According to Grendler, by the mid-sixteenth century the children of the elites in Venice, Spain, France, and Germany shared a common rhetoric. Paul Grendler, “Schooling in Western Europe,” Renaissance Quarterly 43 (1990): 783. See also Karl Enenkel, The Reception of Erasmus in Early Modern Europe (Boston: Brill, 2013), 3-7.
 See, for example, the correspondence between Pier Francesco Riccio and Andrea Pasquali, 14 July 1545. ASF, MdP 1171, fol. 445 (MAP doc. #7235). For example, Cosimo requested food to be sent from Florence to Villa Castello, where he dined with his brother-in-law, Luis de Toledo, and his children, 8 June 1547. ASF, MdP 1173, fol. 211 (MAP doc. #8103).
 Laura E. Hunt, “Cosimo I and the Anglo-French Negotiations of 1550,” in The Cultural Politics of Duke Cosimo I de’ Medici, ed. Konrad Eisenbichler (Aldershot and Burlington: Routledge, 2001), 29.
 While Eleonora’s official portraits do not explicitly reference foreign styles, her daughters are portrayed in modern garments with high collars in the French style. According to Roberta Orsi-Landini, Eleonora’s style was designed as a meeting point between Habsburg, to a lesser extent French, and Florentine styles. Roberta Orsi-Landini, “Lo Stile di Eleonora,” in Moda a Firenze 1540-1580: Lo stile di Eleonora di Toledo e la sua influenza, ed. Roberta Orsi-Landini et al. (Florence: Pagliai Polistampa, 2005), 34.
 See Agnolo Bronzino, Giovanni de’ Medici, c. 1550-51, oil on panel, 66.2 x 52.8 cm. Ashmolean Museum, Oxford. For further discussion of this portrait exchange, see Dana Hogan, “Constructing the Image of a Cardinal-Prince: Child Portraits of Giovanni de’ Medici by Bronzino and Salviati,” Comitatus: A Journal of Medieval and Renaissance Studies 50 (2019), 139-175.
 Paul Grendler, The Universities of the Italian Renaissance (Baltimore and London: Johns Hopkins University Press, 2004), 233-35.
 Miller and Yavneh, Constructions of Gender, 10; Roberta Orsi-Landini, “Notizie, episodi, curiositá sulla vita dei bambini Medici dalla fine del secolo XVI a tutto il secolo XVII,” in I principi bambini: abbigliamento e infanzia nel Seicento, ed. Cristina Piacenti Aschengreen (Florence: Centro Di, 1985), 18.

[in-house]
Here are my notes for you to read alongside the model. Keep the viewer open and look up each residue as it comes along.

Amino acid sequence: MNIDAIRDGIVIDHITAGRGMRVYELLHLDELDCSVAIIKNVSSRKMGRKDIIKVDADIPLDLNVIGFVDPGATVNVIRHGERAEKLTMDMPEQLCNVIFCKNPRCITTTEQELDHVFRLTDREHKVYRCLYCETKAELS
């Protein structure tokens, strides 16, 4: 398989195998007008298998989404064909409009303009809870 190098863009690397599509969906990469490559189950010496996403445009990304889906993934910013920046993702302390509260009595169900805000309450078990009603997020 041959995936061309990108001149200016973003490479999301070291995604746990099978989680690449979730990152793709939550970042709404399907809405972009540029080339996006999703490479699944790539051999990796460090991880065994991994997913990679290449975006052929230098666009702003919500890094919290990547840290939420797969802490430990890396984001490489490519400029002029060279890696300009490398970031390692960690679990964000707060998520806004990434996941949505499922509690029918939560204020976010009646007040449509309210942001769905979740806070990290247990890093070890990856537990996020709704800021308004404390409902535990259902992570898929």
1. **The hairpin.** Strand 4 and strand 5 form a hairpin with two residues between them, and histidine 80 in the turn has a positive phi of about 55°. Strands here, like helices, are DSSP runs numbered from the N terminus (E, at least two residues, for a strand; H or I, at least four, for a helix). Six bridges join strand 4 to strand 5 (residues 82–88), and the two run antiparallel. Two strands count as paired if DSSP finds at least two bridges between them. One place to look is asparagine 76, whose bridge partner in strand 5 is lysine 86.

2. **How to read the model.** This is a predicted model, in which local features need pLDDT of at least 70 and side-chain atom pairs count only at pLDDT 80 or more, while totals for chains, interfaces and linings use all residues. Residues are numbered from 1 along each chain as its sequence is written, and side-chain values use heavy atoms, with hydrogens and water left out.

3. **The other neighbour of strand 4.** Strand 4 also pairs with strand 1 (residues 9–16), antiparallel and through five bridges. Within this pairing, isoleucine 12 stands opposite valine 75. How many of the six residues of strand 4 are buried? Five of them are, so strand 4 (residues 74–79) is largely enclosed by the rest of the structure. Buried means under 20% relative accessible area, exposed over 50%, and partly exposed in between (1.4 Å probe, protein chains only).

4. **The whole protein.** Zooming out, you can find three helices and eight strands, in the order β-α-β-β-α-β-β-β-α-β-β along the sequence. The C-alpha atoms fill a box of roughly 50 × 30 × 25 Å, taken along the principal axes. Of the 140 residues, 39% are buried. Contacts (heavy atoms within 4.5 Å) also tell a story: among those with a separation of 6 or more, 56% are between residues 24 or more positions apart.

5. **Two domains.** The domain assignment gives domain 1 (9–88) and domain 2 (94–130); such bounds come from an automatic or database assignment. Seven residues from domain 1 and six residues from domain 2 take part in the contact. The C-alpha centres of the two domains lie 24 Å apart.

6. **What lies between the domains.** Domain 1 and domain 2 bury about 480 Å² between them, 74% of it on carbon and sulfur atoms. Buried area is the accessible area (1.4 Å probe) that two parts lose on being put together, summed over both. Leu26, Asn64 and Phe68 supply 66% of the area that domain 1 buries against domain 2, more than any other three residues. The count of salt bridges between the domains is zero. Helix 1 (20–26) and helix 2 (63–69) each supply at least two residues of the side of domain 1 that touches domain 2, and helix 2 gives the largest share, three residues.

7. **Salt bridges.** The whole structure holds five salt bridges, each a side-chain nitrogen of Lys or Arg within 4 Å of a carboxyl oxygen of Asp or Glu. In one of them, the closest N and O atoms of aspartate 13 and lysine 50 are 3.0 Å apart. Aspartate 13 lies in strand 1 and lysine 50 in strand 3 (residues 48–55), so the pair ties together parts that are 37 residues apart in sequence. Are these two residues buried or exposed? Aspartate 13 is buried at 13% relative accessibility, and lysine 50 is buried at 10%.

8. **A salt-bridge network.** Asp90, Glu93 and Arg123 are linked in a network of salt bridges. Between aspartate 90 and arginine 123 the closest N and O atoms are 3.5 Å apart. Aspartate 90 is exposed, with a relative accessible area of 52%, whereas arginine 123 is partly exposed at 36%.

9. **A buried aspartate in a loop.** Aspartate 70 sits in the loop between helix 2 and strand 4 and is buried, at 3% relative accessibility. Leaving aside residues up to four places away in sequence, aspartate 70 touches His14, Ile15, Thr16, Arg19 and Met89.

“Risposile di sorte che io me ne contentavo, parendomi che il signor don Francesco [I] maxime si vadia in mo’ accomodandosi nel comporre e’ latini quasi per tutte le regole, come nel imparare a mente…Doppo questi ragionamenti sua excellentia mi comandò che a nome suo scrivessi alla signoria vostra et li ricordassi la primessa che la gl’ha fatta dinsegnar a coteste signore illustrissime costì.” Letter from Pasquino Bertini to Pier Francesco Riccio, 28 November 1550. ASF, MdP 1176, fol. 15 (MAP doc. #3041).
 “La signora donna Ysabella [Isabel de Reinosa] si raccomanda alla signoria vostra et dice che la basci le mano a tutti cotesti signori in suo nome, facendo lor saper che la fa latini che son lunghi [cancelled: illegible] più che vostra Bibbia. Et la signora donna Lucretia [Lucrezia de’ Medici] ha raddoppiato gli offiti et dice tante oratione che in breve si farà dotta anche lei” Letter from Mariotto Cecchi to Pier Francesco Riccio, 17 February 1551. ASF, MdP 1176, fol. 793 (MAP doc. #3173).